Mary Ritter Beard (1876-1958) was active in the struggles for women's suffrage and for trade union reform. With her husband Charles Austin Beard she wrote several books, including the multivolume The Rise of American Civilization. On her own she wrote several books about women, the most important of which was Woman as Force in History: A Study of Traditions and Realities.
Mary Ritter Beard was born into a secure, Republican, middleclass world in Indianapolis, Indiana, on August 5, 1876. Her father, Eli Foster Ritter, was an attorney by occupation and a zealous temperance advocate and stalwart of the local Methodist church. Her mother, Narcissa Lockwood, a former school-teacher active in local community and church activities, was primarily caught up in rearing her family of six, of which Beard was the elder daughter. At the age of 16 she attended DePauw University, not far from home, as had her father and as did all her siblings. In college she met and in 1900 married Charles Austin Beard (1874-1948).
The young couple spent two years in England, partly in Manchester, then the center of labor and feminist ferment, and both movements absorbed their energies. At Oxford, where her husband studied history and helped to found Ruskin Hall, a college designed for workingclass men, she discovered the militant women's movement and met and worked with leading English radical suffragists.
The Beards returned to the United States in 1902 and both began graduate study at Columbia University, but she soon left her academic studies in sociology. By then the mother of two children, she chose to devote her time to the struggles for women's suffrage and for trade union reform. For example, she helped the National Women's Trade Union League organize the New York shirt-waistmaker's strike in 1909 and protest the Triangle factory fire in which more than 100 young girls and women were killed.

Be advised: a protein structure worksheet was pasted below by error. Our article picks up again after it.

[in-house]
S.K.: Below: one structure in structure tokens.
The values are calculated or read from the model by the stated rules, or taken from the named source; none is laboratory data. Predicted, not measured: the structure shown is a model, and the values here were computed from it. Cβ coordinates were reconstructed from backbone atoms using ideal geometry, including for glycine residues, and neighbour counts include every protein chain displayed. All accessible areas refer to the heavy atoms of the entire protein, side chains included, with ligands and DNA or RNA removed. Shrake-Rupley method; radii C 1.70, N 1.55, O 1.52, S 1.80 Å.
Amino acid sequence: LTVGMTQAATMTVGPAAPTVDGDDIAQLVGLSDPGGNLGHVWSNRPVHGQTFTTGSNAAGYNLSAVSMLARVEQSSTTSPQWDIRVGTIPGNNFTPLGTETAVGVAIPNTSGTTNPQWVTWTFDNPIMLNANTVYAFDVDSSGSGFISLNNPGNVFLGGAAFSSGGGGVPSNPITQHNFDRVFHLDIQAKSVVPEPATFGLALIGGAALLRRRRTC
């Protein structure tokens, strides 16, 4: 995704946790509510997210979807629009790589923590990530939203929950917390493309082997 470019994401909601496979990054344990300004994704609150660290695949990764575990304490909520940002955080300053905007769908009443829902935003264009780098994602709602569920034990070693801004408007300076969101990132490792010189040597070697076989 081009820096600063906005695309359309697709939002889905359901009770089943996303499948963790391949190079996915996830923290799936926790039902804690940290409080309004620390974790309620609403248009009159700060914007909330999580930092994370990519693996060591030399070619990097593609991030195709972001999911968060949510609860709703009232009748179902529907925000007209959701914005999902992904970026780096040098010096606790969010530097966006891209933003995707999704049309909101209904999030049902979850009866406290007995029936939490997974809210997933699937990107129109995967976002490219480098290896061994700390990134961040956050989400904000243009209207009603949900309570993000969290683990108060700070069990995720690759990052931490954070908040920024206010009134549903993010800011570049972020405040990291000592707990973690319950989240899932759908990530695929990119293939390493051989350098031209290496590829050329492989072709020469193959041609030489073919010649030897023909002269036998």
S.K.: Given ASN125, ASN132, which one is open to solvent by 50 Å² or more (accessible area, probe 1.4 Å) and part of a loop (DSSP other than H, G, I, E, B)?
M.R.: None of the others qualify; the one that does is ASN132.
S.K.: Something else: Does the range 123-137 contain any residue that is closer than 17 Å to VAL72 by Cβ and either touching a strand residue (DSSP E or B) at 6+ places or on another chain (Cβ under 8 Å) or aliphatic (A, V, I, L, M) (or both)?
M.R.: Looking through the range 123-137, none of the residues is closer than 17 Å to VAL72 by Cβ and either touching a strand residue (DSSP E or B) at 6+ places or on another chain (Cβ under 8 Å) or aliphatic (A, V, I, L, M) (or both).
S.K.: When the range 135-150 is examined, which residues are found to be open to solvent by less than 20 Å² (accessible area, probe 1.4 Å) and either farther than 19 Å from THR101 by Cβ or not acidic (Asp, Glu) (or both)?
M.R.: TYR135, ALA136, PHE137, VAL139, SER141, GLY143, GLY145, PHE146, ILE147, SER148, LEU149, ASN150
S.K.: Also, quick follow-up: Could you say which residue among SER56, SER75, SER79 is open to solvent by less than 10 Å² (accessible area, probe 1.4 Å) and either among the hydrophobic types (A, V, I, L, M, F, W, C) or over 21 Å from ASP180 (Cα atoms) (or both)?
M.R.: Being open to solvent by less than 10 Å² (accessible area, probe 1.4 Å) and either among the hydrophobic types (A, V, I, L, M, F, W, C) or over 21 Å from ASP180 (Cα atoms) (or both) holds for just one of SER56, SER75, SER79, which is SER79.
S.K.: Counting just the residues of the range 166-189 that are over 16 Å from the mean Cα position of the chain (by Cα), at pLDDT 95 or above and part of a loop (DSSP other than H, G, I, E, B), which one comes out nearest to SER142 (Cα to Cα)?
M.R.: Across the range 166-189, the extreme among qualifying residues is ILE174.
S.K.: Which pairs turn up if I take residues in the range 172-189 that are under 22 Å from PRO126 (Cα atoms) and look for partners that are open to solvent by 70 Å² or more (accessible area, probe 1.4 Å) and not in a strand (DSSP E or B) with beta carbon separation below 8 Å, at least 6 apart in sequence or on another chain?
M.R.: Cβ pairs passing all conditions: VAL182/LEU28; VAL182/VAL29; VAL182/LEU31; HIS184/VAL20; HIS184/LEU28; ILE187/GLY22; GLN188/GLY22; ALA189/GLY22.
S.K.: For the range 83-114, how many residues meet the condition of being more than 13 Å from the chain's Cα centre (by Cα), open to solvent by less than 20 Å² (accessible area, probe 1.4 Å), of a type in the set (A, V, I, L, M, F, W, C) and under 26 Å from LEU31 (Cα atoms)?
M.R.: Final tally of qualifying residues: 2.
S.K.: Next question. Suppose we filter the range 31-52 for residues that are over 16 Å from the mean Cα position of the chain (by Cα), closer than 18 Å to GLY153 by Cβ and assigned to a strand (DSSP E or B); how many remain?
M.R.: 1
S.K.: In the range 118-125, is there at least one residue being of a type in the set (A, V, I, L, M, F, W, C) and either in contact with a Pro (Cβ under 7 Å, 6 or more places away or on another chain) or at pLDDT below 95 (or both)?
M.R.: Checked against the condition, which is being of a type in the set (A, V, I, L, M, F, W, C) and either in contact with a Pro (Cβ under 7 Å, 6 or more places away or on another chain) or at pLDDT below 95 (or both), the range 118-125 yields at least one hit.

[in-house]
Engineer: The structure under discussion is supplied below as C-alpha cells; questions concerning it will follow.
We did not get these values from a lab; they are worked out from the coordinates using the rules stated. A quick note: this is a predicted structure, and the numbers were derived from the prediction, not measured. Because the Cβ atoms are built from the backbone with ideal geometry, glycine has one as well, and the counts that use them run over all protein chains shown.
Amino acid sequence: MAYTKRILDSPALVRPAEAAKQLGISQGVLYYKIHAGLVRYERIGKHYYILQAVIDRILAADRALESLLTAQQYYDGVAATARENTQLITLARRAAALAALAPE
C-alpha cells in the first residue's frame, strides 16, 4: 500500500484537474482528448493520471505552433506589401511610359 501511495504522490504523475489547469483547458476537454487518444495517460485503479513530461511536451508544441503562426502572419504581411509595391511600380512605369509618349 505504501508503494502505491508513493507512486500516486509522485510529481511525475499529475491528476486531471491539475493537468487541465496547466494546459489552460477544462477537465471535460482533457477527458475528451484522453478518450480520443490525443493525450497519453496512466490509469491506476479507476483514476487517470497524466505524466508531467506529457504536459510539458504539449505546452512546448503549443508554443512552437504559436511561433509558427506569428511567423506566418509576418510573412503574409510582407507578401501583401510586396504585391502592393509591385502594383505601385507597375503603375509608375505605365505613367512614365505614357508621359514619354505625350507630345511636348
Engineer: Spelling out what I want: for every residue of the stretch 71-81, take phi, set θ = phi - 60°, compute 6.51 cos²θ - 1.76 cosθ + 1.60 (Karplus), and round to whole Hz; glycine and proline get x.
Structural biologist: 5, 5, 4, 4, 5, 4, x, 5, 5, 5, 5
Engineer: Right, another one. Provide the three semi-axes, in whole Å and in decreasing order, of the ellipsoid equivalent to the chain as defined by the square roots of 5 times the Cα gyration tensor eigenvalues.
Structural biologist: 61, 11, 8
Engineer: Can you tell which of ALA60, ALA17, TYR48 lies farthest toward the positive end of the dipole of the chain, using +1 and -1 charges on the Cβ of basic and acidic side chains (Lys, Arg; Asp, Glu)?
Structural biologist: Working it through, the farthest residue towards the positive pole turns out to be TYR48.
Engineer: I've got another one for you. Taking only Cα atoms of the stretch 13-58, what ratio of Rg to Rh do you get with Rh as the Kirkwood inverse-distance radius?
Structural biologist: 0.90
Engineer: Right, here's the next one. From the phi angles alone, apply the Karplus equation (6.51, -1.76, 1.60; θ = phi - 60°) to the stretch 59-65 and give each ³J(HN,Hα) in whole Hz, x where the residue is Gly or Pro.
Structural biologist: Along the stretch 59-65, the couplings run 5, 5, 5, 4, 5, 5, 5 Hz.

She became an activist in the women's suffrage movement as organizer, publicist, and fundraiser. Her particular interest in workingclass women, a legacy from her years in England, led her to active participation in the Wage Earner's League, the Woman Suffrage Party's organization for working women. When a militant faction of the National Woman Suffrage Association began to form under the leadership of Alice Paul, Beard went with this group, originally known as the Congressional Union, later splitting away to form the Woman's Party.
Although Beard stayed with the women's suffrage movement for years, she slowly detached herself from the role of activist and moved toward the role of analyst and social critic. A break did finally come when, after the suffrage amendment was won in 1920, the Woman's Party centered its activities on the passage of the Equal Rights Amendment. Beard left the organization, choosing instead to support the idea of protective legislation for working women. She was one of many feminists, especially those concerned with working women, who initially opposed the Equal Rights Amendment (ERA).
The Beards were partners for almost 50 years, raised two children, established an exciting and loving home together, and shared a political commitment that carried them often into the public arena on controversial issues. They are most well-known today for their collaboration on major works. The Beards' first joint venture, American Citizenship, appeared in 1914. In 1920 they issued The History of the United States. The first two volumes of their monumental history of the nation appeared in 1927. The total work is titled The Rise of American Civilization. In 1939 another two volumes of The Rise appeared, and in 1942 the concluding volume was issued. The Rise of American Civilization shaped the thinking of generations of Americans. A Basic History of the United States, their "last will and testament of the American people, " said her husband, was published in 1944.
Beard published two books alone while she was involved in activist politics. The first, Woman's Work in Municipalities, appearing in 1915, was a lengthy essay in the tradition of muckraking literature, demonstrating the varied and essential work of women in cities. In 1920 she published A Short History of the American Labor Movement, designed for readers with little knowledge of the struggle of working people in the United States. Her only other book written alone that did not deal with women was a long essay, The Making of Charles A. Beard, which was published in 1955, seven years after her husband's death.
The rest of her long and active intellectual life was devoted to writing books and articles and speaking endlessly on what became the major theme of her public life— that women are and have always been a central force in history and culture, that women have been active, assertive, competent contributors to their societies, but that history books do not reflect their role. Women are left out of history, are made to seem invisible, she said, and she saw as her mission a reconstruction in order to end that invisibility.